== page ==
Nine children have died in the UK in recent days from infection with a rare invasive form of group A strep, a bacterium that is normally found in the population but is spreading more than usual this year. On Tuesday, it was confirmed that the infection with this microbe was the cause of death of a five-year-old girl from Northern Ireland. Previously, seven children had died from it in England and one in Wales.
The UK’s Health Safety Agency (UKHSA) explains that group A strep (GAS) is a type of bacteria found in the throat and on the skin and most people do not have any symptoms. However, it can cause a number of different diseases of the nose, throat and lungs in some cases. The bacterium is spread through coughing, sneezing and physical contact with the skin. People who are carriers of strep may not have any symptoms, but they can transmit it just as much as people who get it.
In recent days, the British media reported fatal cases of group A strep infection among children. On Tuesday, it was confirmed that the infection with this microbe was the cause of death of a five-year-old girl from Ireland north. Previously, seven children died because of it in Englandand one in Wales.
Group A strep infection. What are the symptoms?
Symptoms of group A strep infection include pain when swallowing, fever, swollen tonsils with white patches, swollen neck glands, high temperature or skin rash. This bacterium can also cause ailments such as tonsillitis, pharyngitis, scarlet fever, skin infections and pneumonia.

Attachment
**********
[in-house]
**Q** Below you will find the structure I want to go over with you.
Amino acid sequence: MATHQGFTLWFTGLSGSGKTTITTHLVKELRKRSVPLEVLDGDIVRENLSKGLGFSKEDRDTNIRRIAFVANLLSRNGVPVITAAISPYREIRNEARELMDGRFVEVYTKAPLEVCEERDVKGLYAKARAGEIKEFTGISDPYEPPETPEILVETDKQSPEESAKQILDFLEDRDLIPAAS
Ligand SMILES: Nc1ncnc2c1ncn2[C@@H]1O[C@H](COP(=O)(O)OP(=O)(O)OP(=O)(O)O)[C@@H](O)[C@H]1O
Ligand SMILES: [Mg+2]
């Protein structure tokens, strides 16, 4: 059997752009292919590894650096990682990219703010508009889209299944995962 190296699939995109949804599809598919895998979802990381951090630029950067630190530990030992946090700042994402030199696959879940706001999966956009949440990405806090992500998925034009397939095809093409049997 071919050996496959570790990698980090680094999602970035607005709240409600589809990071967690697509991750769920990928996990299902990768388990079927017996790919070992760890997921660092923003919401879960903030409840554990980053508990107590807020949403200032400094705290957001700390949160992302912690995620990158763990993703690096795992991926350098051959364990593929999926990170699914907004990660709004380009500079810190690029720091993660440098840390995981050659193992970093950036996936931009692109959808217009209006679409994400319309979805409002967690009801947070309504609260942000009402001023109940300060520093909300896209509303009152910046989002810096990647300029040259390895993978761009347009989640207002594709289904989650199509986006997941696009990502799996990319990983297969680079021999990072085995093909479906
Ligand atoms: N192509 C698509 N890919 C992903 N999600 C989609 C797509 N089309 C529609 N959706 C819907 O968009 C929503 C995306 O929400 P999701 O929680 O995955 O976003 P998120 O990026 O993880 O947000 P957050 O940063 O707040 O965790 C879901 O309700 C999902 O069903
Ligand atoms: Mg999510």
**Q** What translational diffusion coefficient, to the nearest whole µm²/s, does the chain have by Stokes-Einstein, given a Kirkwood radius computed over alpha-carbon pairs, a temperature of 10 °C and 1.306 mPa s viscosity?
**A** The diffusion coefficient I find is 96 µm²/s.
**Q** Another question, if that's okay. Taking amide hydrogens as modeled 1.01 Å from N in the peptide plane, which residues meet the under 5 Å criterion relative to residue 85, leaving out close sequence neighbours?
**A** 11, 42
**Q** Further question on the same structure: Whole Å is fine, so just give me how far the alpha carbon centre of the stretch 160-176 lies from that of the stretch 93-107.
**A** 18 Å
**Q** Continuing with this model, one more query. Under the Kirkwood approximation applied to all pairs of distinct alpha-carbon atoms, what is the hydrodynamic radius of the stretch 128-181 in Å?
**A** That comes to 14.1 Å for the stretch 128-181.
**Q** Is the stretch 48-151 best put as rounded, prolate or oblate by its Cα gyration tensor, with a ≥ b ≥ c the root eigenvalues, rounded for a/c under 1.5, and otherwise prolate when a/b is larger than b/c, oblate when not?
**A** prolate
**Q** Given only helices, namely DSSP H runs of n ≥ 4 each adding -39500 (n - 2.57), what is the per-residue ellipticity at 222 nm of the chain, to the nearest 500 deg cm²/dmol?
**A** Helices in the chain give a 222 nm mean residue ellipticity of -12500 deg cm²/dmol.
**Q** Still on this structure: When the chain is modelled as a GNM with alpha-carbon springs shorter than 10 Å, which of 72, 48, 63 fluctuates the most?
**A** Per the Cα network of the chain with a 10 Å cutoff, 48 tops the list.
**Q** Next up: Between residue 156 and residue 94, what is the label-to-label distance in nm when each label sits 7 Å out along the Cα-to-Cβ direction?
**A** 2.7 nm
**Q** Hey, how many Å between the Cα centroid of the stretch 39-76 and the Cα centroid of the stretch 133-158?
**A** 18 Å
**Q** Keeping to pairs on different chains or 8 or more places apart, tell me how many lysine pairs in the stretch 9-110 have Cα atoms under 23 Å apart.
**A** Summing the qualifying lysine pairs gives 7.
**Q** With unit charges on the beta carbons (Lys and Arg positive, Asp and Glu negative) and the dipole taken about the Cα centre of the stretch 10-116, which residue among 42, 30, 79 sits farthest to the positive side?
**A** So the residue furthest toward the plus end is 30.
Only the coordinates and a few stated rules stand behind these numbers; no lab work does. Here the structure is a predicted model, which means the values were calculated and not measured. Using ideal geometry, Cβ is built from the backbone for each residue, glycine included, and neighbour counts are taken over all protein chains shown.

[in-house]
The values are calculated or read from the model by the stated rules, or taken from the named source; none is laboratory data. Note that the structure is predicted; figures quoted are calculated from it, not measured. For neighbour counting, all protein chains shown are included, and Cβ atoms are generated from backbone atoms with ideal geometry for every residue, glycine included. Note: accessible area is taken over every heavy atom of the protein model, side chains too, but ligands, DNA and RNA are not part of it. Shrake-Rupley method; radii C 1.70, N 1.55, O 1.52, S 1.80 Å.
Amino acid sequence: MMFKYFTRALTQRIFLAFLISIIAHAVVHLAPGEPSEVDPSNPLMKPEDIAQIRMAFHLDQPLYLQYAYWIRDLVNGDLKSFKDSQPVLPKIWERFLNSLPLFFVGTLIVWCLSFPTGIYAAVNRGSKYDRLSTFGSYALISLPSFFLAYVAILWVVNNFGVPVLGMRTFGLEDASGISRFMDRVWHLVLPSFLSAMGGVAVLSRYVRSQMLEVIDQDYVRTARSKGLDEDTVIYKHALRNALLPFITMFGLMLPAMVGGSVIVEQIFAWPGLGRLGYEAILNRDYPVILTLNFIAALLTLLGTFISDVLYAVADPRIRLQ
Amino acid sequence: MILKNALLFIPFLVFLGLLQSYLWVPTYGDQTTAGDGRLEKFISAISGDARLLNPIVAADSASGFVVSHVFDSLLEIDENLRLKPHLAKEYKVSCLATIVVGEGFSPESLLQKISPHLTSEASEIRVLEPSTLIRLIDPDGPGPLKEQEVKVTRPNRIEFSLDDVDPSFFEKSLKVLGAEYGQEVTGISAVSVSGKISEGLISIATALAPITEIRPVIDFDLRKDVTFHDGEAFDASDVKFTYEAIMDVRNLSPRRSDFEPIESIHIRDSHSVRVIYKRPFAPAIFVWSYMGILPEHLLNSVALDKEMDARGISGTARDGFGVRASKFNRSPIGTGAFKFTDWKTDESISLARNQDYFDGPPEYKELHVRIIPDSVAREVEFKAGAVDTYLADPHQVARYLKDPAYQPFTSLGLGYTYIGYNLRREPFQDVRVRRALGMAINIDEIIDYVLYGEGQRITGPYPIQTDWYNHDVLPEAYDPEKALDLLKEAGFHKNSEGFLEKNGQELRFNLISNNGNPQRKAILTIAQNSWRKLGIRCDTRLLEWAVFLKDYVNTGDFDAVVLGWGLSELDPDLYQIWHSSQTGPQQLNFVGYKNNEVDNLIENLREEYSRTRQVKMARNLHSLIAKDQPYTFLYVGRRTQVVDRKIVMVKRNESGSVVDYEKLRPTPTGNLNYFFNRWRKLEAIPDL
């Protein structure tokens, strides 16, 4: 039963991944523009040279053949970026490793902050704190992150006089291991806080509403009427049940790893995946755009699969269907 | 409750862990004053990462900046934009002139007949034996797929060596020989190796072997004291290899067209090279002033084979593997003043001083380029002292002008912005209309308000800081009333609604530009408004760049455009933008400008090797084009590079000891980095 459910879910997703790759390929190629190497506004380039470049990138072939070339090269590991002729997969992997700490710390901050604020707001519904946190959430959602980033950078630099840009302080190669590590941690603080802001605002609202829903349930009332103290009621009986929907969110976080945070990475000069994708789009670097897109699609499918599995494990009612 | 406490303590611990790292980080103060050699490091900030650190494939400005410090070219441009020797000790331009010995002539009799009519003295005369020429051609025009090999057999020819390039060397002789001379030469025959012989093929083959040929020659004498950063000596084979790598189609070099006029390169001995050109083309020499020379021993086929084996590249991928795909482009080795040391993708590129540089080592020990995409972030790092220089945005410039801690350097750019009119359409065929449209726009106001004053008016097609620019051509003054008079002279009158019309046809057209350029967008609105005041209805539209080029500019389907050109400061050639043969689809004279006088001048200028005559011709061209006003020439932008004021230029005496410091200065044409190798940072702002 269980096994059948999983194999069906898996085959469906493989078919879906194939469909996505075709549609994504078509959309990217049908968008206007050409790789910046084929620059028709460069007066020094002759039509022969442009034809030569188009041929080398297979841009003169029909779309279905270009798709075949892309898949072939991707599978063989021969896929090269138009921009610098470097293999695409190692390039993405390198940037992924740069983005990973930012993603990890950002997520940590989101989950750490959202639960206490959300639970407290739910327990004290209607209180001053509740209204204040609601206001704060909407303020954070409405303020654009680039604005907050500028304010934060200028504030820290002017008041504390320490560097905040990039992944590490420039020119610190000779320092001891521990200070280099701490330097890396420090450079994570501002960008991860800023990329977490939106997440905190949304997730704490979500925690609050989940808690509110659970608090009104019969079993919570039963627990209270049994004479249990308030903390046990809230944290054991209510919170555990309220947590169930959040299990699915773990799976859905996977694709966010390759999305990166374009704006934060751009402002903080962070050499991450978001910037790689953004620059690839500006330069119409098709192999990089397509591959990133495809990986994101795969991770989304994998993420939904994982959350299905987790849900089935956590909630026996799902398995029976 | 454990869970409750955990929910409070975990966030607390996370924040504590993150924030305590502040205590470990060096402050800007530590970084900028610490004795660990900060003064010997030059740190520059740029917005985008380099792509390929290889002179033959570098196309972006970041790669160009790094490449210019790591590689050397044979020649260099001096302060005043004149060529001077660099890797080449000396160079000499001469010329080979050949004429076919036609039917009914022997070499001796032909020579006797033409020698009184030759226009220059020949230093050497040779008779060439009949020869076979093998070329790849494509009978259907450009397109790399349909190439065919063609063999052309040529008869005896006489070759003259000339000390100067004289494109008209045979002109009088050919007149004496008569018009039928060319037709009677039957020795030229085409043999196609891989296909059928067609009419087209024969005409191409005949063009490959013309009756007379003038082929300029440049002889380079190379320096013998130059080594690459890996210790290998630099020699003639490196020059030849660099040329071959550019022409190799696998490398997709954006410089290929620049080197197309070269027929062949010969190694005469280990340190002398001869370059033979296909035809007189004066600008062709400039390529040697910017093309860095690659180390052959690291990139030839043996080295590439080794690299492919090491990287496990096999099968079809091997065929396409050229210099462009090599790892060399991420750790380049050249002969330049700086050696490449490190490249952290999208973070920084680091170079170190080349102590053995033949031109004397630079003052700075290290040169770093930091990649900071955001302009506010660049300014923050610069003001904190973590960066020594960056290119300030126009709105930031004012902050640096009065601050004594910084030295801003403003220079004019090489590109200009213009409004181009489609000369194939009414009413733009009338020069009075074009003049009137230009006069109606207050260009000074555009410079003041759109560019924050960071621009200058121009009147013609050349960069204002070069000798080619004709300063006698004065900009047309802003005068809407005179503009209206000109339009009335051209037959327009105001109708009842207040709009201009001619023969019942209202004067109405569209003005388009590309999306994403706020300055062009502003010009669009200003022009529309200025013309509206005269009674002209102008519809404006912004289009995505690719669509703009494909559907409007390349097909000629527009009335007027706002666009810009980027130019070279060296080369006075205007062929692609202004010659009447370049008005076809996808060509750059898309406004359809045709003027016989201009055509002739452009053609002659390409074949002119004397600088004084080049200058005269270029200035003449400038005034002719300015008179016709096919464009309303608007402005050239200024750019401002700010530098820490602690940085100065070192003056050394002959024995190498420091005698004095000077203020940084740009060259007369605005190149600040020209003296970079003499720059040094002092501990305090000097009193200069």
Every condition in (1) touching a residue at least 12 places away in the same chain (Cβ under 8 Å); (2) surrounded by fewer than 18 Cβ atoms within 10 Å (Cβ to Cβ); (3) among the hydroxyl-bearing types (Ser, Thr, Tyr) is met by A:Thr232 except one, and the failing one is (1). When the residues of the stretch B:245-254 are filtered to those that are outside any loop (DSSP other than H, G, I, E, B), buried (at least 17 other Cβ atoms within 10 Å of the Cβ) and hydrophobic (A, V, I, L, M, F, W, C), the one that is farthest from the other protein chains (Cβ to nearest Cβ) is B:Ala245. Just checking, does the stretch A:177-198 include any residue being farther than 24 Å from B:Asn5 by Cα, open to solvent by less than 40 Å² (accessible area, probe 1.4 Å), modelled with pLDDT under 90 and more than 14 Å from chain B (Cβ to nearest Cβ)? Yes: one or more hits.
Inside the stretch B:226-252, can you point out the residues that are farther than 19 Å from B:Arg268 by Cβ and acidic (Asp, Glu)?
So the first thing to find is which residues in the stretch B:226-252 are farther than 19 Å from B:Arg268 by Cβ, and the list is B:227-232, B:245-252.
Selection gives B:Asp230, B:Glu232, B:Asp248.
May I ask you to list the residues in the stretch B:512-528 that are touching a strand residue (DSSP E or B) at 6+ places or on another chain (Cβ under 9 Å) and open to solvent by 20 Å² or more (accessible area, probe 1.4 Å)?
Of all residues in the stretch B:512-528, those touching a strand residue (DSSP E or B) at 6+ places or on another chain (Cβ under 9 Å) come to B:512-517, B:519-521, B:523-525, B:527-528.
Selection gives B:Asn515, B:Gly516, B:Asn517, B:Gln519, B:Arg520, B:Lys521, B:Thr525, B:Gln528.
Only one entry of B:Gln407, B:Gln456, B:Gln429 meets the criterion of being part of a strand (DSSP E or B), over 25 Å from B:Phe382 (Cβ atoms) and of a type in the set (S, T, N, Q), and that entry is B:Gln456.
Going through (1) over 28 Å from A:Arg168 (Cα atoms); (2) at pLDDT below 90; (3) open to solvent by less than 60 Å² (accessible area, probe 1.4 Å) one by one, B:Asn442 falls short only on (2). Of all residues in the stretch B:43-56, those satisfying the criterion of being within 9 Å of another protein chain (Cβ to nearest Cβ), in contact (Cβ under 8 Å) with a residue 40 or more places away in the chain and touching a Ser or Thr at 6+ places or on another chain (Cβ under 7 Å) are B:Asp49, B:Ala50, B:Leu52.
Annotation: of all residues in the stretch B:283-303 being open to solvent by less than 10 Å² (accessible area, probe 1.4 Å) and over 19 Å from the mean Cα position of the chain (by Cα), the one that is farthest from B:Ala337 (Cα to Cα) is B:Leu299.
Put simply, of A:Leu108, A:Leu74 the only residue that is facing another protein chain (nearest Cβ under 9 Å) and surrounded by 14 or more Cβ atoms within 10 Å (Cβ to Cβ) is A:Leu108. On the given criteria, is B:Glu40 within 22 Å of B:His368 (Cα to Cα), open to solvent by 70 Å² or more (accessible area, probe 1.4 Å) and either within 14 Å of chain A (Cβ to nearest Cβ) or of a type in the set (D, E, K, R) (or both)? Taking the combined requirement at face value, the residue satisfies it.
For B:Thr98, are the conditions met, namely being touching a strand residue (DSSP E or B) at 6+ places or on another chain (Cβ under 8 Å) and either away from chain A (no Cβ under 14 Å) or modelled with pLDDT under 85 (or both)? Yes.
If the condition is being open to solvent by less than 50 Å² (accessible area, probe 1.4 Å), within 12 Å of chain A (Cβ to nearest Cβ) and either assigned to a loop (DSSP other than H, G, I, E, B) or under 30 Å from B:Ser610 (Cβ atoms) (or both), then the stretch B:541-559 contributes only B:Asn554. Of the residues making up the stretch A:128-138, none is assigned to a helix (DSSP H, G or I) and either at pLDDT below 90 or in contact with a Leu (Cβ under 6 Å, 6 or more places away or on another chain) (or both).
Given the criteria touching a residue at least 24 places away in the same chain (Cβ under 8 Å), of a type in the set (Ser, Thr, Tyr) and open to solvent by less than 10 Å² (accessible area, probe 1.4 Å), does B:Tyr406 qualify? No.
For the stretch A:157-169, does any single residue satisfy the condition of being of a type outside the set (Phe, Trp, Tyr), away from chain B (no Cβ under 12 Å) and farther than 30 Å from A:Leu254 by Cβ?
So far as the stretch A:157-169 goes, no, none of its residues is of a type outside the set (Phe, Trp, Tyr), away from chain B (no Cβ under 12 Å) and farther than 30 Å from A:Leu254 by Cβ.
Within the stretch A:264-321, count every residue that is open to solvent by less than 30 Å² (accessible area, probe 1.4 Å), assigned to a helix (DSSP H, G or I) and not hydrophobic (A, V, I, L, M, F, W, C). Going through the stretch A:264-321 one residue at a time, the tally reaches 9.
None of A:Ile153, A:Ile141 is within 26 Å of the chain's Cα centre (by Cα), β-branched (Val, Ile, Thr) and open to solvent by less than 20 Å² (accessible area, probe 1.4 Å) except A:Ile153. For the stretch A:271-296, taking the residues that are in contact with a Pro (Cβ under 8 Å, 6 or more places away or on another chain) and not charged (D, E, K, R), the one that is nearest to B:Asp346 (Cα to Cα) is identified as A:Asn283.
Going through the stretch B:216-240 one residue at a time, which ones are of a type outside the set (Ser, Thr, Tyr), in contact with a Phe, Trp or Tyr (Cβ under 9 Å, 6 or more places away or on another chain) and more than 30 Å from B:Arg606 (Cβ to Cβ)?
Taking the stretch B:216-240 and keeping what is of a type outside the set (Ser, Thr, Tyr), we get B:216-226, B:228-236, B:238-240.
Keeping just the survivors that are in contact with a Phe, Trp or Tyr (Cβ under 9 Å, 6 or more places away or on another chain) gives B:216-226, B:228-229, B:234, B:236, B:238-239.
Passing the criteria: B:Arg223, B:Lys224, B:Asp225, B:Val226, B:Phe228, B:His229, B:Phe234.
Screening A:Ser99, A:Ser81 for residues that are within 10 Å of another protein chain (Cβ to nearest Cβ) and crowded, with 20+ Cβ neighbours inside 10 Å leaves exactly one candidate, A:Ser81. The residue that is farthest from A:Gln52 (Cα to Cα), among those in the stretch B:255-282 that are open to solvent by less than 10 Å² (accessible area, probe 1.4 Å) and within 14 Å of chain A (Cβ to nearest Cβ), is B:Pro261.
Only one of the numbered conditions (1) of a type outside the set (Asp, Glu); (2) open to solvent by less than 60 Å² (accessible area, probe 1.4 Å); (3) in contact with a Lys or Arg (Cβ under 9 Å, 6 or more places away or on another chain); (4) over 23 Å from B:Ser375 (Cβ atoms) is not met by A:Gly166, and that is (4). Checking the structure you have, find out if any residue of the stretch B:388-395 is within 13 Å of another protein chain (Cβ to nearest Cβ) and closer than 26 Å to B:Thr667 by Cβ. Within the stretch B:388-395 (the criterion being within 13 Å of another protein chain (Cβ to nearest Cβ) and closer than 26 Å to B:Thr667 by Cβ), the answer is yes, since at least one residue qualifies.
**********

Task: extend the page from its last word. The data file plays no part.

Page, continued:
Most cases of throat infection go away on their own, skin infections may require antibiotics.
Invasive form of streptococcus
But group A strep (GAS) can also, in some cases, cause very serious infections, known as invasive GAS (iGAS). This happens when the bacteria bypasses the body’s natural defenses and enters parts of the body where it is not normally present, such as through the blood, deep muscles or lungs. The most severe forms of invasive GAS are streptococcal toxic shock syndrome, which is characterized by high fever, low blood pressure, scarlet fever, kidney or liver damage, and vomiting and diarrhea – and necrotizing fasciitis, which is an infection that causes tissue destruction and requires surgery.
Both of these forms of infection are uncommon, but toxic shock syndrome has a high mortality rate.
The invasive form of group A strep is rare, but there has been a marked increase in cases this year, especially in children under 10 years old. According to the UKHSA, this year there are 2.3 cases per 100,000. children aged 1 to 4 compared to an average of 0.5 in the years before the pandemic COVID-19 (2017-19) and 1.1 cases per 100,000 children aged 5 to 9 compared to an average of 0.3 in 2017-19.
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